Smoothly step over to these common grammar mistakes that trip many people up. Good luck!
Question 1 of 7
Fill in the blank: I can’t figure out _____ gave me this gift.

Idioms about cost

    at all costs, regardless of the effort involved; by any means necessary: The stolen painting must be recovered at all costs.Also at any cost.

Origin of cost

First recorded in 1200–50; (verb) Middle English costen, from Anglo-French, Old French co(u)ster, from Latin constāre “to stand together, be settled, cost”; cf. constant; (noun) Middle English, from Anglo-French, Old French, noun derivative of the verb

synonym study for cost

1. See price.


costless, adjectivecost·less·ness, nounre·cost, verb (used with object), re·cost, re·cost·ing.

Other definitions for cost (2 of 2)


variant of costo- before a vowel: costate.
Dictionary.com Unabridged Based on the Random House Unabridged Dictionary, © Random House, Inc. 2023


What is a basic definition of cost?

Cost means a price that must be paid for something or a sacrifice. Cost is used as a verb to mean to require a payment or to cause the loss of something. Cost has several other senses as a noun and a verb.

Cost most often refers to a specific amount of money that a seller wants for the item they are selling. However, cost is also used more generally to mean whatever the price of an item is. If the price is high or expensive, it is said to be costly.

  • Real-life examples: A pack of gum may have a cost of $1. The cost of a college education is usually very high. When a store is having a sale, it usually lowers the cost of the things it sells.
  • Used in a sentence: The cost to repair the repair was unreasonably high. 

Cost is also a sacrifice, loss, or damage.

  • Real-life examples: The cost of staying up all night is usually being tired the next day. The cost of eating too much is often a stomachache. The cost of driving too fast is often a speeding ticket and sometimes a car accident.
  • Used in a sentence: The demon offered him endless riches at the cost of his soul. 

As a verb, cost means to require a payment in exchange for something, such as a service or a product. The payment can be money but also anything that has value.

  • Real-life examples: Stores will use price tags to tell customers how much items cost. A hotel in Monopoly costs four houses and some extra money. A parent may tell their child that a piece of cake costs a hug.
  • Used in a sentence: The new computer costs $800.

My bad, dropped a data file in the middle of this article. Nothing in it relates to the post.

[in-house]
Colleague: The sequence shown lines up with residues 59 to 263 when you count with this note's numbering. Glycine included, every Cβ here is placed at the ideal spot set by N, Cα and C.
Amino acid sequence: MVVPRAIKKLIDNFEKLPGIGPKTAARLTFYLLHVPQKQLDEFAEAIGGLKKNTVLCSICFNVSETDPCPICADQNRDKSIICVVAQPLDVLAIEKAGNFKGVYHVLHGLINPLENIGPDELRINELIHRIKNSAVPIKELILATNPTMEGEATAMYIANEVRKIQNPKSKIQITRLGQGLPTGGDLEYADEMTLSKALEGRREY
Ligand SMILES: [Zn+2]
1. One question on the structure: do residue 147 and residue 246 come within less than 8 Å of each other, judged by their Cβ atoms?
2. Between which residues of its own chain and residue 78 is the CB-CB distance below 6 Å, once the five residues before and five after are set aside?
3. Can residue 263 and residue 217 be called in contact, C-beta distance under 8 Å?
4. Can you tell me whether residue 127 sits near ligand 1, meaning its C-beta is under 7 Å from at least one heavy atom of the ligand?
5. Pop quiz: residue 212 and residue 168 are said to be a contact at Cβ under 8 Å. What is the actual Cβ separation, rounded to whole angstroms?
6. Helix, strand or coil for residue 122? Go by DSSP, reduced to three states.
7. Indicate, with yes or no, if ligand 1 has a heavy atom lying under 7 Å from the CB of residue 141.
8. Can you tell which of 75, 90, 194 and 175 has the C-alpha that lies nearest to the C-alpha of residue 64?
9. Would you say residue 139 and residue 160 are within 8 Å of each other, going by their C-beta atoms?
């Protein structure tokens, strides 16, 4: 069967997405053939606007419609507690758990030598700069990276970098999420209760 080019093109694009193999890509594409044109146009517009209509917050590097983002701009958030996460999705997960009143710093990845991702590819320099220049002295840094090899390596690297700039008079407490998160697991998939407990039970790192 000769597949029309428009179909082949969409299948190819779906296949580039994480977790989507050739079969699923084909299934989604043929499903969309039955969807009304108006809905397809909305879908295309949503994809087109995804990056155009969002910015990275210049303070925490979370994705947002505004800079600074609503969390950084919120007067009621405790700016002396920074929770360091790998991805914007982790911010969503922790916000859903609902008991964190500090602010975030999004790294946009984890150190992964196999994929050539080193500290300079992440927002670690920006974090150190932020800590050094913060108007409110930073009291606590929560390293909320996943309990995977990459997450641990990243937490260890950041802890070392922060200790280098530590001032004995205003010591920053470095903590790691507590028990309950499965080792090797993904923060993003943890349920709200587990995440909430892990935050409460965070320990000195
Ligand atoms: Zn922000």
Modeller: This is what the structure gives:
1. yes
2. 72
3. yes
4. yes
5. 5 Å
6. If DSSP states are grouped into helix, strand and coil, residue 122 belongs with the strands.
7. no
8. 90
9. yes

Cost is also used to mean to result in the loss of something or to cause to suffer something.

  • Real-life examples: Stress and a poor diet will cost a person their good health. Drunk driving will more than likely cost a person their driver’s license or worse. Succeeding at a job usually costs time and energy.
  • Used in a sentence: His obsession with getting revenge cost him his job and his family.

Where does cost come from?

The first records of cost come from around 1200. It ultimately comes from the Latin verb constāre, meaning “to stand together” or “to cost.”

Did you know ... ?

What are some other forms related to cost?

  • costly (adjective)
  • costless (adjective)
  • costlessness (noun)
  • recost (verb)

What are some synonyms for cost?

What are some words that share a root or word element with cost

What are some words that often get used in discussing cost?

How is cost used in real life?

Cost is a very common word that often refers to the prices a person pays or the sacrifices that they make.

Try using cost!

Is cost used correctly in the following sentence?

Keshawn tried to bargain with the seller to lower the cost of the table he wanted.


What does cost- mean?

Cost- is a combining form used like a prefix meaning “rib.” It is used in some medical terms, especially in anatomy and pathology.

Cost- comes from the Latin costa, meaning “rib, side.” The word costa was borrowed directly into English as a term for a “rib,” among other senses. The Latin costa is also the source of the word coast. Explore more at our entry for coast.

Cost- is a variant of costo-, which loses its -o– when combined with words or word elements beginning with vowels.

Want to know more? Read our Words That Use costo- article.

Examples of cost-

An example of a medical term that features the combining form cost- is costalgia, “pain in the ribs.”

The combining form cost- means “rib,” as we have seen. The second form algia means “pain.” Costalgia literally translates to “rib pain.”

What are some words that use or are related to the combining form cost-?

What are some other forms that cost- may be commonly confused with?

The word cost, meaning “price,” is not related to the combining form cost- meaning “rib.” It comes from a different Latin root related to the word constant. Learn more at the first entry for cost and in our entry for constant.

Break it down!

The combining form -ectomy means “excision, removal.” What does the medical procedure of a costectomy involve?

How to use cost in a sentence

British Dictionary definitions for cost

/ (kɒst) /

verb costs, costing or cost

Derived forms of cost

costless, adjective

Word Origin for cost

C13: from Old French (n), from coster to cost, from Latin constāre to stand at, cost, from stāre to stand
Collins English Dictionary - Complete & Unabridged 2012 Digital Edition © William Collins Sons & Co. Ltd. 1979, 1986 © HarperCollins Publishers 1998, 2000, 2003, 2005, 2006, 2007, 2009, 2012

Other Idioms and Phrases with cost


see arm and a leg, cost an; at all costs; pretty penny, cost a.

The American Heritage® Idioms Dictionary Copyright © 2002, 2001, 1995 by Houghton Mifflin Harcourt Publishing Company. Published by Houghton Mifflin Harcourt Publishing Company.